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Hysterectomy - Series

Hysterectomy - Series

Normal anatomy

The uterus is joined at the cervix to the vagina and by the fallopian or uterine tubes to the ovaries.


Indications

Indications

A hysterectomy is the removal of the uterus, resulting in the inability to become pregnant (sterility). May be done through the abdomen or the vagina.

Hysterectomy may be recommended for:


Procedure

Procedure

Hysterectomy is a very common operation. The uterus may be completely removed, partially removed, or may be removed with the tubes and ovaries. A partial hysterectomy is removal of just the upper portion of the uterus, leaving the cervix and the base of the uterus are left intact. A total hysterectomy is removal of the entire uterus and the cervix. A radical hysterectomy is the removal of the uterus, both fallopian tubes, both ovaries, and the upper part of the vagina.

A hysterectomy may be done through an abdominal incision (abdominal hysterectomy) or through a vaginal incision (vaginal hysterectomy).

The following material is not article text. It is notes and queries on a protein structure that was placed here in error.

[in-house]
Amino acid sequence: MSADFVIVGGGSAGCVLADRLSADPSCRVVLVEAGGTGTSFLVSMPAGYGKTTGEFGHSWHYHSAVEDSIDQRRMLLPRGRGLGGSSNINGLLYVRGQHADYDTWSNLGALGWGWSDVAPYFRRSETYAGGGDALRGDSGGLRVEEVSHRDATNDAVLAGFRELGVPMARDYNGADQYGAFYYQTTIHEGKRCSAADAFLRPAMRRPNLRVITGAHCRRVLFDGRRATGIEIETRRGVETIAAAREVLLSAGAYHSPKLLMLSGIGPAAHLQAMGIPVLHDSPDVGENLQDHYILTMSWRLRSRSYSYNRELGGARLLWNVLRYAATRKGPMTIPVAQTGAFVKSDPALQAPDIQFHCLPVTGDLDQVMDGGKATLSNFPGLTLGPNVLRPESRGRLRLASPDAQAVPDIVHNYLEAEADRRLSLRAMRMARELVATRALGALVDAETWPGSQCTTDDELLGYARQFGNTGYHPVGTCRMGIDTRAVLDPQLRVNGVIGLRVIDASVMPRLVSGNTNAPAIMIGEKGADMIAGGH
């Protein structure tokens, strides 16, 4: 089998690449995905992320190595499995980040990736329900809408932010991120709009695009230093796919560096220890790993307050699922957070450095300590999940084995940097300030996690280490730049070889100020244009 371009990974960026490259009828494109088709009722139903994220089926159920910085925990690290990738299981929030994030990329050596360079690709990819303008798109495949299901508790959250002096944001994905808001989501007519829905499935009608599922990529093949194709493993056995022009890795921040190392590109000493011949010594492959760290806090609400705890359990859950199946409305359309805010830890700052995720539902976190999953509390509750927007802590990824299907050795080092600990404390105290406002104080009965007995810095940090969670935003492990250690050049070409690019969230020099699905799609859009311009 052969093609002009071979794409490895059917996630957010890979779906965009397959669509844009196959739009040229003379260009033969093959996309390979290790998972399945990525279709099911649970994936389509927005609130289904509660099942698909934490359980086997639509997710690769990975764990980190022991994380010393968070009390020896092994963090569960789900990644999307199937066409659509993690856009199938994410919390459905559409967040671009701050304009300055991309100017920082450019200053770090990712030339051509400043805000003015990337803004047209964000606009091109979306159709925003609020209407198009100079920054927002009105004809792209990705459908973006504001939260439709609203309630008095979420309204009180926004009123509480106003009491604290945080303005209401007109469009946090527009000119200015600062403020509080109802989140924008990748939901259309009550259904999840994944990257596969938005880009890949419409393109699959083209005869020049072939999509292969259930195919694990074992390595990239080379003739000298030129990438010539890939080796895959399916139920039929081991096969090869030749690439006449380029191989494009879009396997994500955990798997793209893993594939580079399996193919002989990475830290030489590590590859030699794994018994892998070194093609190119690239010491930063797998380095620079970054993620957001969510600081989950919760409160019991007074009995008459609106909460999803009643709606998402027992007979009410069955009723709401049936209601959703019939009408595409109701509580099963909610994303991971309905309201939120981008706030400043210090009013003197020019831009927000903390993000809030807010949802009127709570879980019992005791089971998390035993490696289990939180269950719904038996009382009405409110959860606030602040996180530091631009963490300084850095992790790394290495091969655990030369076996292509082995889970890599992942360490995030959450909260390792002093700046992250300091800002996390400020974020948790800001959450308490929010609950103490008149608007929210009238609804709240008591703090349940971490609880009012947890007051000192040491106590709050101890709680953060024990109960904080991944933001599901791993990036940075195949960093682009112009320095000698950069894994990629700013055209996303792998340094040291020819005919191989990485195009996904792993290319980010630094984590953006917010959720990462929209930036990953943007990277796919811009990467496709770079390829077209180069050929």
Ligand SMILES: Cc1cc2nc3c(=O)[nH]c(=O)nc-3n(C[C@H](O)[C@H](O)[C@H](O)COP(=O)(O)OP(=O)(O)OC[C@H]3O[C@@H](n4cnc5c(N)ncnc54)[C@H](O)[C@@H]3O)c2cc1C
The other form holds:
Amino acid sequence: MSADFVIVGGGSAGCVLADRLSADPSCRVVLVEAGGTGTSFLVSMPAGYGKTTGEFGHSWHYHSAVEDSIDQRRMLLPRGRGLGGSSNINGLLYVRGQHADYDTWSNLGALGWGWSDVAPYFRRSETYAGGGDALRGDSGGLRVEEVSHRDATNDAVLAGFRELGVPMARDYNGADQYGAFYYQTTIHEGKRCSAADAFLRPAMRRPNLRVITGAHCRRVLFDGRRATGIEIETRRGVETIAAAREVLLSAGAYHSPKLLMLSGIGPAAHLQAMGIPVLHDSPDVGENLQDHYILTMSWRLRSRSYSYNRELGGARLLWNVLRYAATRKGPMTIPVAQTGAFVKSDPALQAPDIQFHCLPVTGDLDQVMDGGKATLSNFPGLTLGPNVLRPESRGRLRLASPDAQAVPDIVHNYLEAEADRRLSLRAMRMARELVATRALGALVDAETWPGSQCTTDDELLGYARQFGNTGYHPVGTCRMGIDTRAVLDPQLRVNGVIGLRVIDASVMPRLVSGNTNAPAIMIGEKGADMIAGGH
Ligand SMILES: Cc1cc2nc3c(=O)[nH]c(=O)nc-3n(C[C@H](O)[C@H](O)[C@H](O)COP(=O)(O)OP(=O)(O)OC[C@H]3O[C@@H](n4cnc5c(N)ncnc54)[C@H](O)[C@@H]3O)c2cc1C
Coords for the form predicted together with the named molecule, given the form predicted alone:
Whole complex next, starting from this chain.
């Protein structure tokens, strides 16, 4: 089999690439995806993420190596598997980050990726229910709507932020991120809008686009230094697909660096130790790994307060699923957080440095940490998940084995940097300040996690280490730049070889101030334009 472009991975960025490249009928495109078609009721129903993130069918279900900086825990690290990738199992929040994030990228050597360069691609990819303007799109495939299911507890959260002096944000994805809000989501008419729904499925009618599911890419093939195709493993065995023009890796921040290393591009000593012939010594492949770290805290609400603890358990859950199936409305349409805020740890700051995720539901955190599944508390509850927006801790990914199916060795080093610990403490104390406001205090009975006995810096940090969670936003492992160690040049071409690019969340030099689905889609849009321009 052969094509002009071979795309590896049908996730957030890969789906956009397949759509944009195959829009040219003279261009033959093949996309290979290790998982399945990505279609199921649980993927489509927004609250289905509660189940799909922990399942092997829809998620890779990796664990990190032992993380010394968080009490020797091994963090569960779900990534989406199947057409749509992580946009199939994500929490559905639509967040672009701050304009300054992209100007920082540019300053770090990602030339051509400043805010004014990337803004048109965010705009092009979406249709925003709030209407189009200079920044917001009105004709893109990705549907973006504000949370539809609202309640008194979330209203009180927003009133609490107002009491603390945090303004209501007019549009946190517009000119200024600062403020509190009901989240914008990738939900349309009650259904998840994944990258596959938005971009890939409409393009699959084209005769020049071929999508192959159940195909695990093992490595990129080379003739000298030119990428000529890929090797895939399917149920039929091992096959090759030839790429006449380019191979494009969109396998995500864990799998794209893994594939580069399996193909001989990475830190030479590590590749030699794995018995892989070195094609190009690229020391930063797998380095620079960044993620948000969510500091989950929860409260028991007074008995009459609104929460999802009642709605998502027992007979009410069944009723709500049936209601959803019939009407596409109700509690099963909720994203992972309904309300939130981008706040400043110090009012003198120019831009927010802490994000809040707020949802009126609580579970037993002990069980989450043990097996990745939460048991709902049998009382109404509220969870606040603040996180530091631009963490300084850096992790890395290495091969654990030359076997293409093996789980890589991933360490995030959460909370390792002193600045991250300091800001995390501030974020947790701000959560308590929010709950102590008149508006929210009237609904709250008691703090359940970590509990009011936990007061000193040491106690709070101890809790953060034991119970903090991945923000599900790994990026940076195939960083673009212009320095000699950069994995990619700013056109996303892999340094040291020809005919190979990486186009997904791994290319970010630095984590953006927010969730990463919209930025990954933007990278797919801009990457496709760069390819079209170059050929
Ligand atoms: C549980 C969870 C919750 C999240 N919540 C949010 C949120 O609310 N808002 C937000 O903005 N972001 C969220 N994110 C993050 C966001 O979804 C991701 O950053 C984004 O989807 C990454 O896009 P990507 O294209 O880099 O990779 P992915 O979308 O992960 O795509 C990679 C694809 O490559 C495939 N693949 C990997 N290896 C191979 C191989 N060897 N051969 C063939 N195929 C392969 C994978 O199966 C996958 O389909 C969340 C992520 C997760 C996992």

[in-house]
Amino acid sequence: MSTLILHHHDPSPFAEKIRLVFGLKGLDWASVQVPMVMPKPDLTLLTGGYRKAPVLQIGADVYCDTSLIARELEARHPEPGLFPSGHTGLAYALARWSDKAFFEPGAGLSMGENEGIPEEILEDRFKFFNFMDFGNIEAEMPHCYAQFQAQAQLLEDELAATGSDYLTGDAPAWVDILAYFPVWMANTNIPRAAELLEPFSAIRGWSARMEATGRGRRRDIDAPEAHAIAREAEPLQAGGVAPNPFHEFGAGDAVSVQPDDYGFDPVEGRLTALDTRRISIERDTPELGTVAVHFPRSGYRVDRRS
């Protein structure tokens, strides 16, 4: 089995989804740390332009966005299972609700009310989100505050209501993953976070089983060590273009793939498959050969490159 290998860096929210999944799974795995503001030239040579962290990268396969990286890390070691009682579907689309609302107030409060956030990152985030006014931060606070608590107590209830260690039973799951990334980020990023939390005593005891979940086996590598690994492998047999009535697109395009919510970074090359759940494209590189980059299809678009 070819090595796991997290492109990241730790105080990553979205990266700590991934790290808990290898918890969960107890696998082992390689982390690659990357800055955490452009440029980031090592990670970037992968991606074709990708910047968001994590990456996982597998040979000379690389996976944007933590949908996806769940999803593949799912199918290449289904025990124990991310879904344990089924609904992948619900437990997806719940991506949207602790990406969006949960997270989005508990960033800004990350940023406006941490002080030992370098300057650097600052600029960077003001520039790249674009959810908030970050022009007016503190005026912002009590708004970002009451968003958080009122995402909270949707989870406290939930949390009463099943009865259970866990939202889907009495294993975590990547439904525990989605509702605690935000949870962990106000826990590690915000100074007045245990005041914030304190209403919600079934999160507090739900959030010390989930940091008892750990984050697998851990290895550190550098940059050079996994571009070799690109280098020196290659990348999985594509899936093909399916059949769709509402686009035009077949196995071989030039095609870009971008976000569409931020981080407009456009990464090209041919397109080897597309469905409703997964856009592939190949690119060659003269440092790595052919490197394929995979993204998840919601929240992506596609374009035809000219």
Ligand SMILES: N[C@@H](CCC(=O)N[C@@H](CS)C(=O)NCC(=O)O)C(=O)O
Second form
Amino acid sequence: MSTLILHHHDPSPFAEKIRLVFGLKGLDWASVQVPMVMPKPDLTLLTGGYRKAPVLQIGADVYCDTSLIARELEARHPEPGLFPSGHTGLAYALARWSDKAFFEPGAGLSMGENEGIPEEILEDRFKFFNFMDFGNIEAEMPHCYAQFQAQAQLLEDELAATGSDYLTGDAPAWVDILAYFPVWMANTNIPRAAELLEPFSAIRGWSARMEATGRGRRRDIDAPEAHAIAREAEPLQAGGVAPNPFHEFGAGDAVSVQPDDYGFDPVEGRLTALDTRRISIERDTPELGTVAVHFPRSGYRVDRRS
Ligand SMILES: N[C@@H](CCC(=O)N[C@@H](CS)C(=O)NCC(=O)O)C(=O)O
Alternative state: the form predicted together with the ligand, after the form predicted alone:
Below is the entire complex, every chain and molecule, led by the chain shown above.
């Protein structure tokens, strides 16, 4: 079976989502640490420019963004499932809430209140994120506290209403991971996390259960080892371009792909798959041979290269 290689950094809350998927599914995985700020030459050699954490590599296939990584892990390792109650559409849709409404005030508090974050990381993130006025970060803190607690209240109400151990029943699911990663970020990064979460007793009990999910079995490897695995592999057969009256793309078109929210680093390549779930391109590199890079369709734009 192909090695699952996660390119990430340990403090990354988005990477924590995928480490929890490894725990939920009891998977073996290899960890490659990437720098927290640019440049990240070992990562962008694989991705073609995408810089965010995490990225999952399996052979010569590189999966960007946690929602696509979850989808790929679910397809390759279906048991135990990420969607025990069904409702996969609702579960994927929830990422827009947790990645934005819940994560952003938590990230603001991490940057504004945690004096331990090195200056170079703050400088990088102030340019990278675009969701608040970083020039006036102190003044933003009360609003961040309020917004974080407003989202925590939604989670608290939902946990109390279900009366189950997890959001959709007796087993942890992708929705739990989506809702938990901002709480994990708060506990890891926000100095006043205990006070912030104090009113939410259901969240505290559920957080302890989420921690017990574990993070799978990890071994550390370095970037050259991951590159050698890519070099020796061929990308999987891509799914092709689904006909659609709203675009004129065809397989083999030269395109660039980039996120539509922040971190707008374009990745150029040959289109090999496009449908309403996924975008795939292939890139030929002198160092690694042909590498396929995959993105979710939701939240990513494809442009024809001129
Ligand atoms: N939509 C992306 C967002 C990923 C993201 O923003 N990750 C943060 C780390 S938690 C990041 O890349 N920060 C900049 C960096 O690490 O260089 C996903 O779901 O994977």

Aftercare

Aftercare

Most patients recover completely from hysterectomy. Removal of the ovaries causes immediate menopause and hormone replacement therapy (estrogen) may be recommended.

The average hospital stay is from 5 to 7 days. Complete recovery may require 2 weeks to 2 months. Recovery from a vaginal hysterectomy is faster than from a abdominal hysterectomy. If the bladder was involved, then a catheter may remain in place for 3 to 4 days to help the bladder pass urine. Moving about as soon as possible helps to avoid blood clots in the legs and other problems. Walking to the bathroom as soon as possible is recommended. Normal diet is encouraged as soon as possible after bowel function returns. Avoid lifting heavy objects for a few weeks following surgery. Sexual activities should be avoided for 6 to 8 weeks after a hysterectomy.


Related Information

Hysterectomy
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Review Date: 1/30/2020  

Reviewed By: LaQuita Martinez, MD, Department of Obstetrics and Gynecology, Emory Johns Creek Hospital, Alpharetta, GA. Also reviewed by David Zieve, MD, MHA, Medical Director, Brenda Conaway, Editorial Director, and the A.D.A.M. Editorial team.

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